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The smell fish fear!

By Leonard Ho - Posted Mar 05, 2012 08:00 AM
A 70 year old mystery has been solved. Science has long known injured fish release a chemical substance into the water alarming other fish in the area, but no one knew exactly what this scary scent was... until now. It's a cocktail of compounds including a specific type of sugar found in fish skin. Oh, the sweet sweet smell of fear.
The smell fish fear!

Injured Red Sea fish. Photo by 'BBM Explorer'

Fear has a name, and it's Chondroitin

Like out of a scene from the movie Batman Begins, fish release a substance into the water when they're injured, scaring other fish nearby.  This frightening chemical is thought to help fish sense danger so they can flee to live another day.  Scientists used to refer to this mystery chemical simply as "Schreckstoff" (German for "Scary Stuff" ... Germans have the coolest words!) because they had no idea what it was.

After studying zebra danio, researchers have now identified the chemicals responsible for this alarm signal; It's a mixture of compounds containing a sugar known as chondroitin sulfate.  Chondroitin is found in fish skin, and researchers believe an enzyme triggers its release when a fish is injured.  They also theorize fish have evolved specialized neurons that are highly sensitive to this sugar.  Researcher Suresh Jesuthasan says "This region of the olfactory bulb (the part of the brain that processes odors) has unique projections to higher centers of the brain so there may be a special circuit mediating aspects of the innate fear response."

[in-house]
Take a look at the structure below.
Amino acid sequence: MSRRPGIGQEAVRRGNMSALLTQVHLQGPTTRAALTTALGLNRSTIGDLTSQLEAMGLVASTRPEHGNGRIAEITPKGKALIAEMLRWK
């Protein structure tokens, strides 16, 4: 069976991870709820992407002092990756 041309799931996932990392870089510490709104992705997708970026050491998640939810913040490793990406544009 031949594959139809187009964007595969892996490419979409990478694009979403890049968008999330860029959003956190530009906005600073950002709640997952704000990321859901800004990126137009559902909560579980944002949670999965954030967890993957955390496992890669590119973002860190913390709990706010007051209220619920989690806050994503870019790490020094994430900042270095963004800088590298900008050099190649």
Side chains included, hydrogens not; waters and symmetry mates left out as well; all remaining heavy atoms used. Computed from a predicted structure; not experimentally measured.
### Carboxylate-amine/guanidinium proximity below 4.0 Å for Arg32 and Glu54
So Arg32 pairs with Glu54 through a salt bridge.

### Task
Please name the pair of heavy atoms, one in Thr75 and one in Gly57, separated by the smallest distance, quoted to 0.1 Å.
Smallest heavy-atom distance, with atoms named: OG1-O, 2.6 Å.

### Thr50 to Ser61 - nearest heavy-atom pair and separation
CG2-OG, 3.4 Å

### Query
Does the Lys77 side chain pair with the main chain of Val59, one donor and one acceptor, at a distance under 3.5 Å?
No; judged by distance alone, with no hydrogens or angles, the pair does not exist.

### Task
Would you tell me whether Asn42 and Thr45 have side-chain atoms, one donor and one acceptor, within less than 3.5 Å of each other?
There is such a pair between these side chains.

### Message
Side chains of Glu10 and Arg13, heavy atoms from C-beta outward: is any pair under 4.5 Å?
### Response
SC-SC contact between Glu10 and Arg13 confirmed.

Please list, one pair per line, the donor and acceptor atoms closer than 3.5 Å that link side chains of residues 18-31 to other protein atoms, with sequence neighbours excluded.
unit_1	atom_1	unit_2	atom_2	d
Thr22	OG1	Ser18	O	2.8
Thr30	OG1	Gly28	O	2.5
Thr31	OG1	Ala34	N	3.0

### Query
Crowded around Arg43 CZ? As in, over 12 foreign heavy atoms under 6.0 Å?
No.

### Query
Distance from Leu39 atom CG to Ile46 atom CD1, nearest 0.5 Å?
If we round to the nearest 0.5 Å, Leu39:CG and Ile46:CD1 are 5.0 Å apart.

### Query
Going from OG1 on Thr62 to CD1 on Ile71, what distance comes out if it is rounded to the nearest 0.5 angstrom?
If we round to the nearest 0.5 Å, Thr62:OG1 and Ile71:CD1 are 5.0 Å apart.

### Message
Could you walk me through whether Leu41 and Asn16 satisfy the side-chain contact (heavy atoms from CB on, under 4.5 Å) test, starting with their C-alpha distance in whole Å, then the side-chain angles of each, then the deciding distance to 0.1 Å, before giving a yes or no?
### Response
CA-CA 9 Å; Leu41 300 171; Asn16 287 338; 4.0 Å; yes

However, the mystery isn't totally solved.  Some fish are sensitive to the "injured scent" of other species while others exhibit less alarm response.  This suggest that there are several "flavors" of chondroitin that affect different species differently.

Aquarist as well as wholesalers and retailers should remove injured fish from aquariums containing other fish to reduce stress levels (and to treat the wounded fish).  Otherwise, all your fish will be swimming in fear ... literally.

The finding was published in Cell Press journal Current Biology: 
Mathuru et al.: “Chondroitin fragments are odorants that trigger fear behavior.” Current Biology - March 20, 2012 print issue, DOI:10.1016/j.cub.2012.01.061

Author: Leonard Ho
Location: Southern California

I'm a passionate aquarist of over 30 years, a coral reef lover, and the blog editor for Advanced Aquarist. While aquarium gadgets interest me, it's really livestock (especially fish), artistry of aquariums, and "method behind the madness" processes that captivate my attention.

Website: http://www.advancedaquarist.com.

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